London Pride Parade 2022: March, Itinerary, Venue and Events

London Pride is back in the capital for the first time since 2019, celebrating 50 years since the very first march in 1972.

More than a million people are expected to descend on the capital for the parade, which kicks off on Saturday (July 2 at noon).

According to organizers, 30,000 people have signed up for the march from more than 600 LGBT+ community groups.

The parade is an “opportunity for expression of celebration, joy and triumph, but also the voice to rightly express the ongoing struggle for the injustices and inequalities that exist among us,” Pride said in London.

Those marching today will call on the UK government to ban conversion therapy for all LGBT+ people, reform the Gender Recognition Act and give LGBT+ communities equal protection against hate crime.

They also call for an end to the “hostile environment towards minority migrants” and for the establishment of a national AIDS memorial in memory of those who died during the HIV and AIDS epidemic.

The Independent is the official publisher of Pride in London 2022.


Dame Kelly Holmes attends London Pride after coming out this year

Dame Kelly Holmes is attending this year’s Pride in London.

The Olympic champion came out as gay in June at the age of 52. She told the Sunday Mirror that she first realized she was gay at the age of 17.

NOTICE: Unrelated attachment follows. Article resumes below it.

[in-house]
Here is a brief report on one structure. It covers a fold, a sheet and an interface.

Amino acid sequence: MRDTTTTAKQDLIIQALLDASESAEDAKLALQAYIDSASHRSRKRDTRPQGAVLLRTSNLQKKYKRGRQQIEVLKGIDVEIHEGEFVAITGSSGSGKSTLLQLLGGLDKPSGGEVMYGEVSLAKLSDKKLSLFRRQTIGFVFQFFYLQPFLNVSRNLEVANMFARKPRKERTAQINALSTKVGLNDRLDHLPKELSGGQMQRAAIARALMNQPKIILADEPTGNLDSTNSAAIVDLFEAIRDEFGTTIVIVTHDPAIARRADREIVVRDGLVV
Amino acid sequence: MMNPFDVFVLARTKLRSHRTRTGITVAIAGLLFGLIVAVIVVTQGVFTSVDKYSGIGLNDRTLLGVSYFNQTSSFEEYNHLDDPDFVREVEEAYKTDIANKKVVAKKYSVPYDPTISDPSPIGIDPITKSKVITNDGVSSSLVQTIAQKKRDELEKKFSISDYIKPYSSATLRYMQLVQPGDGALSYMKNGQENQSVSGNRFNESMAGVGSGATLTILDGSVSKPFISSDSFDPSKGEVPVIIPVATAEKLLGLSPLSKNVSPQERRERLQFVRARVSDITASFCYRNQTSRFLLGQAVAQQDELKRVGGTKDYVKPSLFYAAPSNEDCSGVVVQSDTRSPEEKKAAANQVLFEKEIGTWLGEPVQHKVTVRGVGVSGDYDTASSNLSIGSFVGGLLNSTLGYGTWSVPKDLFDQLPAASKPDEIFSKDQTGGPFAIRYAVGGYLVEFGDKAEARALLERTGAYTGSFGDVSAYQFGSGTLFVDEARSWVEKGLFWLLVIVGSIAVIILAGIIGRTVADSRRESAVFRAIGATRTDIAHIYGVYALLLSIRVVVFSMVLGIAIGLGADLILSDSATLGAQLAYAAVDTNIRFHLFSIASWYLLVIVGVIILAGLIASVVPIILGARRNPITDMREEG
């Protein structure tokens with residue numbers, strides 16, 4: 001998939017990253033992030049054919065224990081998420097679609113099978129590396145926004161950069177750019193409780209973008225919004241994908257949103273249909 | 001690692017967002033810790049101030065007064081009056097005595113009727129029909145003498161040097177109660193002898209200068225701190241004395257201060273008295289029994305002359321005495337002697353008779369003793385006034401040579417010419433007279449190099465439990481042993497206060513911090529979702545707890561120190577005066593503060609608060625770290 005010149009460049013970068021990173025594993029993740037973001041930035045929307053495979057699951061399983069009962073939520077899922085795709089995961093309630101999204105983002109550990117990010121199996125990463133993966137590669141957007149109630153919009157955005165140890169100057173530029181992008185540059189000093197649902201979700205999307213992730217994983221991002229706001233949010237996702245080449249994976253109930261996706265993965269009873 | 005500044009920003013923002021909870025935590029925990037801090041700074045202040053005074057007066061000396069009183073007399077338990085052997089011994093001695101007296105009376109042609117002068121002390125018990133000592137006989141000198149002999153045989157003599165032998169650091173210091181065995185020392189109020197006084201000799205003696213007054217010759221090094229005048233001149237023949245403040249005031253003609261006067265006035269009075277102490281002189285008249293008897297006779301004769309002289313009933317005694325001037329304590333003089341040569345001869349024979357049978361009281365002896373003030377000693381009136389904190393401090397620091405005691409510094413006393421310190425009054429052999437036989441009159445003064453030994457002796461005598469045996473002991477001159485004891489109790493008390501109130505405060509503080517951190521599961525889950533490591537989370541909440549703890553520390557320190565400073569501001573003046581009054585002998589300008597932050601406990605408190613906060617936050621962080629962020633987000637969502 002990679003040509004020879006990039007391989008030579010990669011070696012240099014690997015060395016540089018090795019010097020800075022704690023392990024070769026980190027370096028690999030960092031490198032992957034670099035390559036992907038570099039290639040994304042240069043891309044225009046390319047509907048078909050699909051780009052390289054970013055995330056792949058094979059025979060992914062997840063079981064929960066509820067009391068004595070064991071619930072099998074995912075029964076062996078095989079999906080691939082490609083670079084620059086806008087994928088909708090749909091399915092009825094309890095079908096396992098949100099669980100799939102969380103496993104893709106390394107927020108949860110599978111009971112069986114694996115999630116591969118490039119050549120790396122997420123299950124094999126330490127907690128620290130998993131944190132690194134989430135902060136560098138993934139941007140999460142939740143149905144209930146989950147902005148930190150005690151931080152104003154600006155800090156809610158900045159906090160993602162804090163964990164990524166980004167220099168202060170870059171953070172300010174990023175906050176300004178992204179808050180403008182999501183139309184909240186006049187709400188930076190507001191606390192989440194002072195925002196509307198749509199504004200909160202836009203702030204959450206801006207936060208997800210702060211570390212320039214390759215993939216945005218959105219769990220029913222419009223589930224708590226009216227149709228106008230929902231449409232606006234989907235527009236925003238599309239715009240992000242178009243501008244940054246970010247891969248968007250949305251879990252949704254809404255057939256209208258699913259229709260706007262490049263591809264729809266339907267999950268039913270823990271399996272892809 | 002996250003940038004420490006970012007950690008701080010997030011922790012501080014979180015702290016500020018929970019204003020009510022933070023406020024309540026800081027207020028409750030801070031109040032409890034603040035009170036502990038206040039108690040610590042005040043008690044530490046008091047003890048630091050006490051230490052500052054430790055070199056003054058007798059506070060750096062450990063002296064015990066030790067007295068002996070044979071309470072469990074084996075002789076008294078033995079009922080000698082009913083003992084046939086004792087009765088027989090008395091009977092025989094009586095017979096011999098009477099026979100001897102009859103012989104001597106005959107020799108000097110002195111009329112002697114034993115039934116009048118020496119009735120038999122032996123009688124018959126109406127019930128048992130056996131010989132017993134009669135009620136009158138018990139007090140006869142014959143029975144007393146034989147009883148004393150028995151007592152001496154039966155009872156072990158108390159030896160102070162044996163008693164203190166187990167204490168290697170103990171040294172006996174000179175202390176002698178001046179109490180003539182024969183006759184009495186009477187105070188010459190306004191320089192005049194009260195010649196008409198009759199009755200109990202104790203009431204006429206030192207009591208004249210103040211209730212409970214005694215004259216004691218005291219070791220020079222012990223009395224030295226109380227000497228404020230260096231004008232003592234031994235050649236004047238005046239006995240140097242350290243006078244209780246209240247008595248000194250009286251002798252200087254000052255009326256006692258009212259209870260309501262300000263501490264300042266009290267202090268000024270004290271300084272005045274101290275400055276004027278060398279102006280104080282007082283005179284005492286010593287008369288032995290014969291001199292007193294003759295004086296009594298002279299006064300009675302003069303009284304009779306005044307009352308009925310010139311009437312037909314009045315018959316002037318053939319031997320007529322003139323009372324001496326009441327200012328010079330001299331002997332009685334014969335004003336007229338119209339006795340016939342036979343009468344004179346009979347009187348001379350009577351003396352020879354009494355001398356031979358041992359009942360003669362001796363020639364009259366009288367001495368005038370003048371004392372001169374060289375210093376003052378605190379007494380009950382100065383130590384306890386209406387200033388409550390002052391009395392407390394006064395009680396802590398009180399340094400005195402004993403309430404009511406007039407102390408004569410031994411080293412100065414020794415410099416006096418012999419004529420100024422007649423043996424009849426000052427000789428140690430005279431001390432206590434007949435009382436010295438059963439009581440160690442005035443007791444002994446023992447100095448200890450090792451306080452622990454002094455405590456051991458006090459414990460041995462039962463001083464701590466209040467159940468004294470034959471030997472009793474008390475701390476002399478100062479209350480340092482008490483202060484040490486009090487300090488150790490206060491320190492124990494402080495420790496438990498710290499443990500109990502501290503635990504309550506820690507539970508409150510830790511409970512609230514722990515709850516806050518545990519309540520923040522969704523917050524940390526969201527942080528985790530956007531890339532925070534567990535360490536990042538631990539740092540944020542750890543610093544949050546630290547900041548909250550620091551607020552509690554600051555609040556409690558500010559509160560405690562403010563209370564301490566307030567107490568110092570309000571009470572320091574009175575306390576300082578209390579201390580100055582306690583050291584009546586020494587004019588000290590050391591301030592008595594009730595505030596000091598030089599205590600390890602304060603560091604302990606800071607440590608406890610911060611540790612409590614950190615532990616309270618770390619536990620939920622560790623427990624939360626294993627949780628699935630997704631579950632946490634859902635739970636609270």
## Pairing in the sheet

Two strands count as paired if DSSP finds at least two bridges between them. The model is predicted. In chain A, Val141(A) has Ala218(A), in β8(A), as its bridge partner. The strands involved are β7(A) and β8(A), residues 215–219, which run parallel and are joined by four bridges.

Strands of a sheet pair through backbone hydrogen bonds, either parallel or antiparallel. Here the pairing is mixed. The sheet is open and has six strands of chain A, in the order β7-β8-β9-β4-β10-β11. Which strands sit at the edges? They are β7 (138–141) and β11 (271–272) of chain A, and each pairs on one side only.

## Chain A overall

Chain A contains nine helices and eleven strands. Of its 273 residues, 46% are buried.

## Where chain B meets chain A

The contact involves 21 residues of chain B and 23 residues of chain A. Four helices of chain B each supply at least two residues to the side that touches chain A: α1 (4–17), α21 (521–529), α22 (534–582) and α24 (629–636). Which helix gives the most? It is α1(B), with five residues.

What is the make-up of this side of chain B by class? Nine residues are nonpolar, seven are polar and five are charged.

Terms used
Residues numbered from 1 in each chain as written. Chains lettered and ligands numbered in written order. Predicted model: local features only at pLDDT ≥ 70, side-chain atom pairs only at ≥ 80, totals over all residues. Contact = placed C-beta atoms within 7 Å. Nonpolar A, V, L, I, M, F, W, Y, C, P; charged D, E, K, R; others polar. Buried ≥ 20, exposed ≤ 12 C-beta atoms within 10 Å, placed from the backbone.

But she kept quiet for fear of being brought to court if same-sex relationships were banned in the armed forces.

She posted a photo of herself dressed in a brightly colored outfit on Instagram, captioning it: “Let’s do this. Proud of London, here I come!”

Dame Kelly added the hashtag #beingme to her post.


Revelers enjoy the atmosphere

More than a million people will gather in London today for Pride’s 50th anniversary.

The Pride event took place in the capital on July 1, 1972, and was a carnival parade of protest against the inequalities faced by LGBTQ+ people at the time.

Here crowds line the streets around Picadilly Circus to celebrate.

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Matt MathersJuly 2, 2022 2:45 PM


This is what it was like to march at the very first Pride

As Pride in London celebrates 50 years since the very first march in 1972, Peter Tatchelli writes about what it was like to be there.

Read about his experience below:


‘We’re here, we’re queer, and we’re not going shopping’

Padraigin Ni Raghillig, president of Dykes on Bikes London, a motorcycle club for gay women, rode her Harley Davidson at the front of the Pride parade.

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She told the PA news agency that it felt “fantastic” to be back after the lockdown and that it was important for the community to get together at least once a year.

(AFP via Getty Images)

She said: “I think there’s often a lot of discussion about commerce and it’s not protest anymore, but I think there’s still an element of protest and, of course, celebration, and as we go further and become more visible and more have rights and equality, it might still be important I think to go out at least once a year and say ‘we’re here, we’re queer, and we’re not going shopping’.

“I think there’s still homophobia, I think it’s like with a lot of things when they get more prominent the negative side of things gets pushed more underground.